6. For a truly stubborn jar lid, hold the jar lid down and tilted slightly. Then rotate the jar while gently tapping the lid on the counter top in a circular motion. 1 revolution (4 taps) should loosen the seal quite nicely.

    • We bought a rubber-like (probably soft plastic) jar lid opener at a dollar store. It is about 4″ in diameter and shaped like a truncated cone. We are in our mid-70s, so a bit weaker than when we began RVing, but we have not found a jar yet that we couldn’t open with that circular piece of rubber!

  7. We bought some shoe hangars at the Dollar Tree, hung it under the mattress and hung the shoes there.
    Also, if you do keep plastic bags like we do (for cat litter), fold then into little triangles, similar to folding the American flag, and store them that way.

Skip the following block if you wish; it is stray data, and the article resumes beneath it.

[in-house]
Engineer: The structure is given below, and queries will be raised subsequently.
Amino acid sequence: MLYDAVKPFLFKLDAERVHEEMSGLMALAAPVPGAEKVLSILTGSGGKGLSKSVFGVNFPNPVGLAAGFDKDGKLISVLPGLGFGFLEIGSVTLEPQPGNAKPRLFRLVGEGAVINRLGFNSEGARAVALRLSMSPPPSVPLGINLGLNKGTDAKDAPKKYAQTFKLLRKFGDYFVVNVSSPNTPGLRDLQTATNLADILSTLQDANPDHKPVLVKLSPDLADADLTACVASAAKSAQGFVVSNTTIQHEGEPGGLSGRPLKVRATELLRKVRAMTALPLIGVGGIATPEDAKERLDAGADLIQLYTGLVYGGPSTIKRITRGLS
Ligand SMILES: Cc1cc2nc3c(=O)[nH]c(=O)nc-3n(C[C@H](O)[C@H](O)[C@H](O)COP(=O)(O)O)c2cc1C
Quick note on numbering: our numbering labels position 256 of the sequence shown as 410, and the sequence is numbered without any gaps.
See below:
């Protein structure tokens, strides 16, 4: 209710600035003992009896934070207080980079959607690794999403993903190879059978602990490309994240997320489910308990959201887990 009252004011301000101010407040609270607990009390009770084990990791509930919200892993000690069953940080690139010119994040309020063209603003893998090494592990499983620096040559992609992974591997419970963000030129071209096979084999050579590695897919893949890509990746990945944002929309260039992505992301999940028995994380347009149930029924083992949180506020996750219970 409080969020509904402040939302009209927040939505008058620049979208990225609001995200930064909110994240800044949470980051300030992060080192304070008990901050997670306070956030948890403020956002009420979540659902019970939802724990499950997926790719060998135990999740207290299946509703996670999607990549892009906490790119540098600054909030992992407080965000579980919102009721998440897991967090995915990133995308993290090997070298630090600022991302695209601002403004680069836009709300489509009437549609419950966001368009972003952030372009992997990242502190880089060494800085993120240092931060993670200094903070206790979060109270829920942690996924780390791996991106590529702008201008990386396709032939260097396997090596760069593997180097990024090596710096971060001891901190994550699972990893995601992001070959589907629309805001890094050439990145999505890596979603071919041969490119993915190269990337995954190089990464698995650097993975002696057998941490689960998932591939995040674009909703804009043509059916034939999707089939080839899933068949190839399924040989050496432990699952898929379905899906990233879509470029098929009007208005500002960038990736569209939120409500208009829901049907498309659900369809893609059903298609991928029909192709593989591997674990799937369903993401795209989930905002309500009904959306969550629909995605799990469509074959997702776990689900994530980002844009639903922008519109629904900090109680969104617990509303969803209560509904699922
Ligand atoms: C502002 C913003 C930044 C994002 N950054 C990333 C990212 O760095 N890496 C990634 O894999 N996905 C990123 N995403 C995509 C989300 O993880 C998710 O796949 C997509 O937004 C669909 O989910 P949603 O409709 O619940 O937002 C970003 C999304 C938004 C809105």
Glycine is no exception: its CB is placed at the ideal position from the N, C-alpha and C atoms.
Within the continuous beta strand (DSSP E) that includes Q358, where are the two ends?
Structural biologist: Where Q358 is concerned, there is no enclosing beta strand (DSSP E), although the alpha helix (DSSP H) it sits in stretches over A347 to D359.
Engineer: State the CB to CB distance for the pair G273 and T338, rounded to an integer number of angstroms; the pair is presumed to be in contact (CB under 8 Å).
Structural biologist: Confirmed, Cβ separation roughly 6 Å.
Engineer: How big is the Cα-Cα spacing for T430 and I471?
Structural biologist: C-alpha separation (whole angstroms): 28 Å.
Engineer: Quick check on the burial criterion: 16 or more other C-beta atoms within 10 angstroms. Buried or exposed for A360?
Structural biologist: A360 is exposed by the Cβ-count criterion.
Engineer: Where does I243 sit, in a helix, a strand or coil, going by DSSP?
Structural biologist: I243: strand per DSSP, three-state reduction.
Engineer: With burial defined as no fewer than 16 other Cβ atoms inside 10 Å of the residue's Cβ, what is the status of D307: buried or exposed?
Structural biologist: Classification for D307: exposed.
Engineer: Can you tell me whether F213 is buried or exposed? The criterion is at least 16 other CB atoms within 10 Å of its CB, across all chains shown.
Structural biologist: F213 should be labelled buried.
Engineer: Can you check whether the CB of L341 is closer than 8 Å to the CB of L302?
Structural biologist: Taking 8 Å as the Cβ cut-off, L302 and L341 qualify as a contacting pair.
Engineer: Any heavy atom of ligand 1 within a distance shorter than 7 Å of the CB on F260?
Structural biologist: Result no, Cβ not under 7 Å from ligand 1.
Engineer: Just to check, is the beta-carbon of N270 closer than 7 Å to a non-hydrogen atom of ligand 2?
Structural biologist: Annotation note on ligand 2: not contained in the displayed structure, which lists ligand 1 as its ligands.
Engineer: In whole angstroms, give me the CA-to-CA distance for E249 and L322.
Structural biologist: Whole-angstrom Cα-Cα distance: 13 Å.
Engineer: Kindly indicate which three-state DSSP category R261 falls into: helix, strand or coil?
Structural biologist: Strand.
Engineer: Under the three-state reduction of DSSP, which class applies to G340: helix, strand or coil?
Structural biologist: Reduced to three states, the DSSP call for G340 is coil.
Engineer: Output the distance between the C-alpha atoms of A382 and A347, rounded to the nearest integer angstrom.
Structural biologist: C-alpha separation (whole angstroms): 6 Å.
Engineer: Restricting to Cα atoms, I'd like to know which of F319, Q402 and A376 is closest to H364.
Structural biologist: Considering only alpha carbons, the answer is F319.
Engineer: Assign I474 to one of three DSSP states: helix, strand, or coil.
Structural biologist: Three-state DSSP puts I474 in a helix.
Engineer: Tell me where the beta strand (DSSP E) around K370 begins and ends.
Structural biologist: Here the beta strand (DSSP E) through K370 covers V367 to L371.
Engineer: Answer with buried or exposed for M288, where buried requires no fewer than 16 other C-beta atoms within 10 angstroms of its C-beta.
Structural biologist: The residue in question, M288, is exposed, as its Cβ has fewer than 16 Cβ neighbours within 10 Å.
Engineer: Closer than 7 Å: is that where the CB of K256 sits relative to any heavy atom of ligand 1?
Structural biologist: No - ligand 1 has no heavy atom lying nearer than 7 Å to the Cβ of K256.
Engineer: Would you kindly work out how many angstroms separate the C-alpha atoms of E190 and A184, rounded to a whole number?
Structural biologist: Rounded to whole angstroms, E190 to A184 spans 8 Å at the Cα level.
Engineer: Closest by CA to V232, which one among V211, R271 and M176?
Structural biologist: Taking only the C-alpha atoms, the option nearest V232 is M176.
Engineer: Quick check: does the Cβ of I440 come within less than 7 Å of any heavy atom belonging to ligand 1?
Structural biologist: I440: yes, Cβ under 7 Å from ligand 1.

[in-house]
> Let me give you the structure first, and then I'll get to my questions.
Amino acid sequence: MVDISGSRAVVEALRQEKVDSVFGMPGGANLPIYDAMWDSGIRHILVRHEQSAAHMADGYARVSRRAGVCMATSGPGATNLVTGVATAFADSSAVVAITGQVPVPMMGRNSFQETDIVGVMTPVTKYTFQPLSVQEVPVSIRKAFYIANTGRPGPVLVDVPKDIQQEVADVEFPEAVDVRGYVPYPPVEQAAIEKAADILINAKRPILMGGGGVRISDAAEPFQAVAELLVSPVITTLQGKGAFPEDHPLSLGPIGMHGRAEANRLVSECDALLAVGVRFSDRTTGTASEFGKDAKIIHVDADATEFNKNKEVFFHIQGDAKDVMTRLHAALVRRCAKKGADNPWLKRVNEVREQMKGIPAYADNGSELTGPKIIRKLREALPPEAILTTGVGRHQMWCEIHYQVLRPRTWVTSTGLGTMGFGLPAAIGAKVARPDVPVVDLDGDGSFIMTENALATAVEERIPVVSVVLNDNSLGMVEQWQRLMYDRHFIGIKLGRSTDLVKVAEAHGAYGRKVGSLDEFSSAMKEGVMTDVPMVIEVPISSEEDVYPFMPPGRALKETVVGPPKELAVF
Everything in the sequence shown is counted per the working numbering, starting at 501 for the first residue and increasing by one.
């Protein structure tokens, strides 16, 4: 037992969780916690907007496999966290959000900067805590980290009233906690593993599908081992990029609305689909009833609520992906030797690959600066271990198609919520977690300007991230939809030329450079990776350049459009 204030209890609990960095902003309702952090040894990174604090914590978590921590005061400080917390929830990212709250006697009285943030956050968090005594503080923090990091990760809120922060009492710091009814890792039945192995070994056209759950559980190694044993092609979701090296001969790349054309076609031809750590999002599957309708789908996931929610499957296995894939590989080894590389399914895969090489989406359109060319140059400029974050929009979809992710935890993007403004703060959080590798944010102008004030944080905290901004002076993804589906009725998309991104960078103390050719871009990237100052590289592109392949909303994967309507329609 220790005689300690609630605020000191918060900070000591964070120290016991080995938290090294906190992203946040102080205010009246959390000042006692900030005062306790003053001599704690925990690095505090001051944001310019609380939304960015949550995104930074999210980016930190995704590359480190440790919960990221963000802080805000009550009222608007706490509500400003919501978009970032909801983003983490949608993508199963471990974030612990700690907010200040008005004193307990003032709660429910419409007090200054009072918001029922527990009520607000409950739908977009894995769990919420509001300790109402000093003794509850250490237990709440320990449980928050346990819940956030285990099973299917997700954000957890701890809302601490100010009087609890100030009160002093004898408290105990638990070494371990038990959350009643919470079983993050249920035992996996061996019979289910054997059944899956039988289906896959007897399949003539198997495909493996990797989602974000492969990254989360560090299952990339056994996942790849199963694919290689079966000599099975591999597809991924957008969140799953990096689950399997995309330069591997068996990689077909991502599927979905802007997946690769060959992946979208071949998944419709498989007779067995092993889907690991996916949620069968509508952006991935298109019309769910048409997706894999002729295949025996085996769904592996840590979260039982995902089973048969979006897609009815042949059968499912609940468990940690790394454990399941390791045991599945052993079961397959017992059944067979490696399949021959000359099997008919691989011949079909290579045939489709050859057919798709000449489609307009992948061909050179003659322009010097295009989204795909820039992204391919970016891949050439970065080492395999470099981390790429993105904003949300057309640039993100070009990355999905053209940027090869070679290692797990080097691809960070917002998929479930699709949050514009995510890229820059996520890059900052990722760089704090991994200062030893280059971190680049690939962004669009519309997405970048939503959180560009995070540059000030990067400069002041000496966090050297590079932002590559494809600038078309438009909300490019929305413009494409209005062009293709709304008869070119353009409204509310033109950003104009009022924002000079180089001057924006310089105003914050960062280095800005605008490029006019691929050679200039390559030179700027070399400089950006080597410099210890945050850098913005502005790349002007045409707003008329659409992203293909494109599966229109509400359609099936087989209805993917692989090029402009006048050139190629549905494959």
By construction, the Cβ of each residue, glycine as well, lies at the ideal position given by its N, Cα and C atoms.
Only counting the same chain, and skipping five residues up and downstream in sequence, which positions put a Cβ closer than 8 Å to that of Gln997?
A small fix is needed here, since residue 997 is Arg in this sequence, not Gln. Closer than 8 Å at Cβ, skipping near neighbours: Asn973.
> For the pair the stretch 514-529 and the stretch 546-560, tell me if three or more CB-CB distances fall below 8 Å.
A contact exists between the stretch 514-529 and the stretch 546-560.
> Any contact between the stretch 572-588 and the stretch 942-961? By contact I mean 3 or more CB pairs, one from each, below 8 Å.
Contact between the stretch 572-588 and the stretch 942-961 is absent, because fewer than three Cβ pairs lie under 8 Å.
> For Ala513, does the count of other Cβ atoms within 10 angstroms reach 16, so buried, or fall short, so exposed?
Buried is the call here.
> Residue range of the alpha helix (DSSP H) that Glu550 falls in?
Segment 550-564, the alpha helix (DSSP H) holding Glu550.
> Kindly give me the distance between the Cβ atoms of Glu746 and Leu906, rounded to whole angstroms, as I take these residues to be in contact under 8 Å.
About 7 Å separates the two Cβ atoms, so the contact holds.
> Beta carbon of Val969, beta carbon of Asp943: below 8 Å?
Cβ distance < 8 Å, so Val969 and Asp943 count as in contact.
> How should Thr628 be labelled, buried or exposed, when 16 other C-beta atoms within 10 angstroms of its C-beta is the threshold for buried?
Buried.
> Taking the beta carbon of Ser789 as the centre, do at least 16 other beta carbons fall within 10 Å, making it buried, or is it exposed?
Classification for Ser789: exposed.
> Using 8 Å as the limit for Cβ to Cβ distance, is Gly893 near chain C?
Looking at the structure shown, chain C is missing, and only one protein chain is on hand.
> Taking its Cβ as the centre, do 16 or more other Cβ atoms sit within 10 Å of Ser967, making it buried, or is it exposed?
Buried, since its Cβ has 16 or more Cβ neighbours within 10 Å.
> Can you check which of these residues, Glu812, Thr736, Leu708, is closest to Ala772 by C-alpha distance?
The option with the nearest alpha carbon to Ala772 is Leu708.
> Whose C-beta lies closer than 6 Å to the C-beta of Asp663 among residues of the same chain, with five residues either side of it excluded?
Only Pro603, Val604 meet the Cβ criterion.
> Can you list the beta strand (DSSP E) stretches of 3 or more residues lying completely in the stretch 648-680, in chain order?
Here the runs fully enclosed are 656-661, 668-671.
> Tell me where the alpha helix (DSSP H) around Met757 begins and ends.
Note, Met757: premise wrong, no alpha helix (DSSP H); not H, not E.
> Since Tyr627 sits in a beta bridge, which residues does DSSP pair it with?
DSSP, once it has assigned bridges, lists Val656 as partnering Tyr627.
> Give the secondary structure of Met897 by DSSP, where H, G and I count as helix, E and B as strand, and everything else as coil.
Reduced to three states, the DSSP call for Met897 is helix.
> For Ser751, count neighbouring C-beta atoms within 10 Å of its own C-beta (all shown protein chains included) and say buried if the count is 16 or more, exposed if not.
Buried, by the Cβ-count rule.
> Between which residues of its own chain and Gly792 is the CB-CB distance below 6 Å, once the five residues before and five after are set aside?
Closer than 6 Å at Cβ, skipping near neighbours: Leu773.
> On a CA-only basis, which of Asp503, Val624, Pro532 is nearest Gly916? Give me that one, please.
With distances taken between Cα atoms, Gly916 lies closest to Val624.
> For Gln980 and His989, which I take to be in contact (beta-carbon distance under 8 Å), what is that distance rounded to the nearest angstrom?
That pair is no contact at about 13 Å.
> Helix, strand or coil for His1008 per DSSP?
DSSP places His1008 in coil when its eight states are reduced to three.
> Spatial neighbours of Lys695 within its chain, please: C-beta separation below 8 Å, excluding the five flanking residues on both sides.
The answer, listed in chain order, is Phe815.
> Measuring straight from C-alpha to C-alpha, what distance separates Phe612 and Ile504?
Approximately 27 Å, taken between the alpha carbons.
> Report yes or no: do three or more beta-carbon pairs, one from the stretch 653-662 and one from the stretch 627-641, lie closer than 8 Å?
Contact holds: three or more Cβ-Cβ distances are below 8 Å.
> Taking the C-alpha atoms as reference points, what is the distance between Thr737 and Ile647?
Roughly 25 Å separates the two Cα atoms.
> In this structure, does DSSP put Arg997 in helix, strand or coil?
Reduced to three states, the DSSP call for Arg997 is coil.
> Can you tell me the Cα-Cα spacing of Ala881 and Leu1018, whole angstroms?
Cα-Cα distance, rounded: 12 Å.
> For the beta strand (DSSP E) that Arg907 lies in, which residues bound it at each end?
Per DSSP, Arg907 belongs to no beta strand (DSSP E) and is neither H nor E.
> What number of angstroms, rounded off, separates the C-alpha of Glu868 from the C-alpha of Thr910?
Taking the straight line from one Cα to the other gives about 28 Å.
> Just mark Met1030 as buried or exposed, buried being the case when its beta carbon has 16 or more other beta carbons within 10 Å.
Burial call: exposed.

• My wife does the same folding of our plastic bags. It only takes a couple of minutes to do after each grocery shopping trip. Then she can keep dozens of bags neatly folded and dropped into a single plastic bag hung from two adhesive-backed plastic hooks stuck on the back of the cabinet door under the kitchen sink. Lightweight, handy location, and very tidy solution to bag storage. We then use them to line our kitchen and bathroom trash cans instead of wasting money (and petrochemicals!) on Hefty trash bags.

  8. Another solution to the proliferation of plastic bags is just to not use them at all! Instead, keep a collection of reusable bags.

    • YES! This also eliminates the problem with the cheap plastic bags that tear, causing everything to fall all over the ground. Lately, we’ve acquired quite a collection of reusable bags from all the “non-profit” junk mailings. Some are even insulated.

  9. A piece of damp paper towel between the cutting board and counter helps also, then use it to wipe up when finished.